This Dubliner’s hard-charging and hair-raising lifestyle served as the perfect platform from which to launch his own strategic management consultancy in 2016 after twenty years on Wall Street. His story is both harrowingly cautionary and joyously inspirational. It is one that speaks to the human side of us all, and simultaneously to the indomitable, never-say-die spirit in those of us determined to blaze our own trails.
Brian Kerrigan’s consultancy advises individuals, corporations and local government institutions on economic, ethical, business and management affairs both domestically and overseas. His style is straight-forward, practical and solution-based. With over three decades of experience in financial markets and executive management, his strategies for success are grounded in the fundamentals of good character — integrity, dedication, empathy and humility.
In addition to his corporate clients, Brian works one-on-one with individuals from a broad array of sectors including entertainment, professional sports, business, government and the arts—all of whom are seeking to empower themselves personally and professionally.
Kerrigan is a survivor of the World Trade Centre terrorist attack on September 11th 2001. Two years later an overdose almost killed him and forced him to make the choice between living or dying. He speaks freely and openly now of his former life as an active drug user, lifelong heavy drinker and high-stakes risk taker. He is a frequent speaker on social issues at schools, corporations and institutions across the United States.
Brian has been sober since 2004.
What brought you to New York City?
A one-way ticket.
I arrived here in ’94 with $22 having blown my life up in Phoenix through booze, drugs and all sorts of ‘carry-on’. It was a rough lesson in the old adage of “Wherever you go, there you are”. I was running a company with 250 employees one minute, the next, I was homeless. It was also the third time in 10 years that I’d hit rock-bottom. I figured that if I didn’t make it here I could easily disappear and that was just fine. Let’s just say I didn’t come on a winning streak.
How did you get a job trading currencies on Wall St?
I’ll never forget the interview. My future boss, a burly and whip-smart Aussie, asked if I had a strong constitution. I told him out straight that the suit I was wearing was borrowed, that I’d arrived penniless and homeless three weeks prior, could likely drink him under the table, and that I’d do whatever the hell it took to succeed. I got the job.
Can you tell us about September 11th?
I got out—thousands didn’t. I hope I don’t seem abrupt but the subject is complicated and perhaps more appropriate on a different platform. Suffice it to say that twenty years later it’s as fresh, potent and moving as ever.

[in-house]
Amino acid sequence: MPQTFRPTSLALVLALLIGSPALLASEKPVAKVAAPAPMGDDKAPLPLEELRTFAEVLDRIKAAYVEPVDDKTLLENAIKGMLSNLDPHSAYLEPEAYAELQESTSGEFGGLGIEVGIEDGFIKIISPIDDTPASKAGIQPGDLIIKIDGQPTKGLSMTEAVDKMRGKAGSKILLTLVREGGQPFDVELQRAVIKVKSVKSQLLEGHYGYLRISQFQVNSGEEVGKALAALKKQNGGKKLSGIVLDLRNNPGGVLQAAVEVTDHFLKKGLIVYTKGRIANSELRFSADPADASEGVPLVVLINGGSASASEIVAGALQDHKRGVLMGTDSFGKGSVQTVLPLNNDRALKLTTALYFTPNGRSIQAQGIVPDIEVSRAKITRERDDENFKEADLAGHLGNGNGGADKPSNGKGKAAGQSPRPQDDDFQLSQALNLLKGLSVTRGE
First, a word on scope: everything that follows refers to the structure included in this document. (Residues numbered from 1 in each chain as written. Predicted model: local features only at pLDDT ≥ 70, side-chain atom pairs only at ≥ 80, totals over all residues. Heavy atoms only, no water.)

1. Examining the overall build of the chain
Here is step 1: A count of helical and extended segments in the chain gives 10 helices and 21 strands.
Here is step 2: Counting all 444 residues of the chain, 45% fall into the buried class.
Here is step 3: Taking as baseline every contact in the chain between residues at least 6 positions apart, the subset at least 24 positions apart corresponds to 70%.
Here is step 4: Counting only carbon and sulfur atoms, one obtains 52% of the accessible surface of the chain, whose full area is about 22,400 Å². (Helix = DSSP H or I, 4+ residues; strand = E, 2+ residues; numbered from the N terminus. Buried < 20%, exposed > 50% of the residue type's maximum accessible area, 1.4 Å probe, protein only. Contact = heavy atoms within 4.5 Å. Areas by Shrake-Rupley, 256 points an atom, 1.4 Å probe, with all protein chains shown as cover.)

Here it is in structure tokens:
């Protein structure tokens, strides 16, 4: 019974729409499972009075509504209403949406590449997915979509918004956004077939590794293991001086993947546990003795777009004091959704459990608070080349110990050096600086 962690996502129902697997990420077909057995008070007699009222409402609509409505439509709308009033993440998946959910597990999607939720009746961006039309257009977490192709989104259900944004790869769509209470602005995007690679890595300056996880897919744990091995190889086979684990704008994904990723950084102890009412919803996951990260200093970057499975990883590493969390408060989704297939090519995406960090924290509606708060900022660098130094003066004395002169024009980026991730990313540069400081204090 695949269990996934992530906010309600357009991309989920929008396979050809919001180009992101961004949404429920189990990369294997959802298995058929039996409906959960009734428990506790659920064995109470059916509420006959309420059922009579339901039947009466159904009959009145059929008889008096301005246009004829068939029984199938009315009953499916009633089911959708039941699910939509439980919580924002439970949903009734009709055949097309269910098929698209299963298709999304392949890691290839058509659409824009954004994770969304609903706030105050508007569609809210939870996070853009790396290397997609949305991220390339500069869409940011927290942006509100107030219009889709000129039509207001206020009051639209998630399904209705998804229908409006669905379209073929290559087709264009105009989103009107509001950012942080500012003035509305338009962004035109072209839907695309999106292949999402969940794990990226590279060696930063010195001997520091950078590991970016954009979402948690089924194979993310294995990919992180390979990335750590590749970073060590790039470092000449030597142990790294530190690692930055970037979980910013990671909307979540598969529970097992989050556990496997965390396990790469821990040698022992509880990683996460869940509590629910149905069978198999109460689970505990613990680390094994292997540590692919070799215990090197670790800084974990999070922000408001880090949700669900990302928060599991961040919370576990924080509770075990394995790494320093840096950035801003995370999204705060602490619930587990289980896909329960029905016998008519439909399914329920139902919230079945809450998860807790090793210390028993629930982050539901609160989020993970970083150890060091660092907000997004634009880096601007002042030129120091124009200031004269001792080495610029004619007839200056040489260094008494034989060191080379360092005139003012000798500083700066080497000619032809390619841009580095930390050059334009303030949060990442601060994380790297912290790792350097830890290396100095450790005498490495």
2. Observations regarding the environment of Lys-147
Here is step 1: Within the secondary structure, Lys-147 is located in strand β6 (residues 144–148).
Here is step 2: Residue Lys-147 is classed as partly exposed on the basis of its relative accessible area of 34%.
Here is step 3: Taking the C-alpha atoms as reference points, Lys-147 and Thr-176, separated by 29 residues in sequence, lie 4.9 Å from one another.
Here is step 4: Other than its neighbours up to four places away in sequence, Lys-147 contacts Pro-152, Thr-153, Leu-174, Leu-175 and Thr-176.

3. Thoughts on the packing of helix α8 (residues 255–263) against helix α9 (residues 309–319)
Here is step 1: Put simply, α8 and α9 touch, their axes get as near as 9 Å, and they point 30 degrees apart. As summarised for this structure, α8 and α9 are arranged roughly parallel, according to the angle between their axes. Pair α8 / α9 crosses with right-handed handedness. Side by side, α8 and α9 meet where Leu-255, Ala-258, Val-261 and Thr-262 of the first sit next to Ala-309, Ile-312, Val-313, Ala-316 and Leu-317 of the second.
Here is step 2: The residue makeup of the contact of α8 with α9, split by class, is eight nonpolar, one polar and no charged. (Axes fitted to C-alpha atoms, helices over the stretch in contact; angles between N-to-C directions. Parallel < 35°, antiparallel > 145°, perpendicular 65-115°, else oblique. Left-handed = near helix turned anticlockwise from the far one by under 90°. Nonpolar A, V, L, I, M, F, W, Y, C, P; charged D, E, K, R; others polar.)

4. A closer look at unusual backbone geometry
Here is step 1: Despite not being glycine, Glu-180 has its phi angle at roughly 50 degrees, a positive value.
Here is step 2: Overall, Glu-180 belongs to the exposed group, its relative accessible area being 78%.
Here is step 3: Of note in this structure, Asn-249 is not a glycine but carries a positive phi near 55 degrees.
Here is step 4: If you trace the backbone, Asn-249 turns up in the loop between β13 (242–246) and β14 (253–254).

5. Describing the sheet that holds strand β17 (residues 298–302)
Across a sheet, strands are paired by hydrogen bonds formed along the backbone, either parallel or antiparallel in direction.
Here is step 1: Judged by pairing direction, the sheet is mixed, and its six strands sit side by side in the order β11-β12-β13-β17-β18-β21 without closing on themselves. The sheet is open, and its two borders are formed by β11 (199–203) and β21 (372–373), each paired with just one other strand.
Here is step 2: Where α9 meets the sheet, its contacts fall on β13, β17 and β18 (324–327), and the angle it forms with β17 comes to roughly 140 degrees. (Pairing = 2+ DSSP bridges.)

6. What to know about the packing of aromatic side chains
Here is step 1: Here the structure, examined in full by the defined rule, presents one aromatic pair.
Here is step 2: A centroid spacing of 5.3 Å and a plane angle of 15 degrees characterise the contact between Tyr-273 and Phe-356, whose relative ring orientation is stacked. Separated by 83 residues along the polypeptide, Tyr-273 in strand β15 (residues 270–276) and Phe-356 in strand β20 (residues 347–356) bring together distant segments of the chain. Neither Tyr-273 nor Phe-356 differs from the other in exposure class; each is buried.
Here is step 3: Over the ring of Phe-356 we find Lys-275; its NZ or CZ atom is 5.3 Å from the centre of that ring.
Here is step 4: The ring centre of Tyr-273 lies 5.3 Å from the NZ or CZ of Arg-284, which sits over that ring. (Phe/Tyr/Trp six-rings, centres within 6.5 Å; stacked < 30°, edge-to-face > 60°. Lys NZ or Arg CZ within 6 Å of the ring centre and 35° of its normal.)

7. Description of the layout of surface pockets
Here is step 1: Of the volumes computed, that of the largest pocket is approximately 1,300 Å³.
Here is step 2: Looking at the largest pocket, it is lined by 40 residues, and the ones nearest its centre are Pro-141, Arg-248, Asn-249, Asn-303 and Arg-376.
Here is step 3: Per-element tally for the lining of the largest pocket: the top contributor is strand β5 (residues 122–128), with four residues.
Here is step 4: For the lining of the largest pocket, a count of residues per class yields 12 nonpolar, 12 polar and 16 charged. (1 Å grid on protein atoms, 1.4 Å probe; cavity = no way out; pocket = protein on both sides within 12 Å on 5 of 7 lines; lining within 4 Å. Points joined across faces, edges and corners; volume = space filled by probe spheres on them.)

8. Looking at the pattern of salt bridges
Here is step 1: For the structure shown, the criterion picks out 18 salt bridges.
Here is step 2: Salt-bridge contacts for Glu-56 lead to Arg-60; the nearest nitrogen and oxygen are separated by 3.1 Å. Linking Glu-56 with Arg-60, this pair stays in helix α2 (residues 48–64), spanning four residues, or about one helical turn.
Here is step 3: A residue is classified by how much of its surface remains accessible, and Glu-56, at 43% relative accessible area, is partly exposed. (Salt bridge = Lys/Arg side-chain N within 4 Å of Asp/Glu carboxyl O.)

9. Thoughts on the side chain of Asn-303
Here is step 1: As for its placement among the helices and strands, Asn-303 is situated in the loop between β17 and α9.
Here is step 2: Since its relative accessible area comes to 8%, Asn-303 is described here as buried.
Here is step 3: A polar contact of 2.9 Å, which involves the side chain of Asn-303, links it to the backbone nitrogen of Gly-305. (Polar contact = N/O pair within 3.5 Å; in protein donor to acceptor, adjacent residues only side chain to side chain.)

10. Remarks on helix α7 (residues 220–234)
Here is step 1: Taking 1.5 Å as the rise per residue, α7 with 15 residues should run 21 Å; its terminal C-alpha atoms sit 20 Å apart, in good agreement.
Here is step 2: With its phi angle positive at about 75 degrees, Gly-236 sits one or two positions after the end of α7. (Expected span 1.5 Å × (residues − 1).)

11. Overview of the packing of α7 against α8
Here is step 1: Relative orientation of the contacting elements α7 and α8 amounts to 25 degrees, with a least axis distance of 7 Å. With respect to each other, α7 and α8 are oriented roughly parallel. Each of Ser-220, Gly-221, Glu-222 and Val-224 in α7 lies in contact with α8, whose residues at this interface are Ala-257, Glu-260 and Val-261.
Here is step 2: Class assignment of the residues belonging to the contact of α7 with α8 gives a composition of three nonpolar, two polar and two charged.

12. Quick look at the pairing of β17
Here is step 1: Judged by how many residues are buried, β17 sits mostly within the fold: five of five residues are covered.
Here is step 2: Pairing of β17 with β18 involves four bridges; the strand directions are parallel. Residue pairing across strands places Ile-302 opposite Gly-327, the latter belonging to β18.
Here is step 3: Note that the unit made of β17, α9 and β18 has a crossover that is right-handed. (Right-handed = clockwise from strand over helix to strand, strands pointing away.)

What made you finally decide to leave Wall St?
The passion and hunger just wasn’t there any more. I used to live for the deal but the fun had waned somewhat. It’s probably more accurate to say that Wall St left me actually.
Also, I couldn’t shake a particular conversation I’d had with my son a few years prior that went something like this.
Jack: “Hey Dad, can you take the day off so we can go to the beach?”
Dad: “Sorry son, I have to go to work.”
Jack: “Hmm, but Dad, you don’t actually do anything”.
Out of the mouths of babes.
What exactly is strategic management?
The best way to describe my role is as temporary right-hand man. My clients all have specific needs but they often aren’t sure exactly what that need is or how it fits with their overall strategy. My job is to identify the areas where performance can improve, offer stress-tested solutions, and then help implement effective strategies. The feedback loop is essential to the process.
Do you work one-on-one with clients?
Yes, of course—that’s actually how I started out. I got certified in several key areas of coaching and mentoring and loved it. Two clients then asked me to do the same with their businesses and I haven’t looked back since.
How do you gain new clients?
I’m a dreadful ‘networker’ so I’m blessed to have clients who refer and recommend me. Personally, I think it’s an extremely effective way to run a consultancy. I have no business cards, no website and I’m quite shy. So yeah, I generally skip “networking night”!
What’s your strongest trait?
I’m a straight-talker. My clients pay me to be objective, practical and realistic.
That’s what they get.
What is the strongest trait you concentrate on when working with clients?
It’s much easier than most people actually think and it’s not a weakness as most people also think. In fact, it’s the greatest asset an effective manager can possess.
What’s your finest achievement so far?
Aside from having a 19 year old son who still likes to hang out with me?
I received the SUNY Chancellor’s Award for Academic Excellence in 2020 with a 4.0 in Economics and Management. Not having a college degree, especially working Wall St, always felt like a giant monkey on my back and a chip on my shoulder. I applied to Harvard via the front door that didn’t open. I’m now in the Masters in International Relations program at Harvard Extension School (the back door!).
What have you always wanted to do but have yet got around to?
Finishing my book “Natural Born Addict”.
I need an agent actually, so if you know of a good one…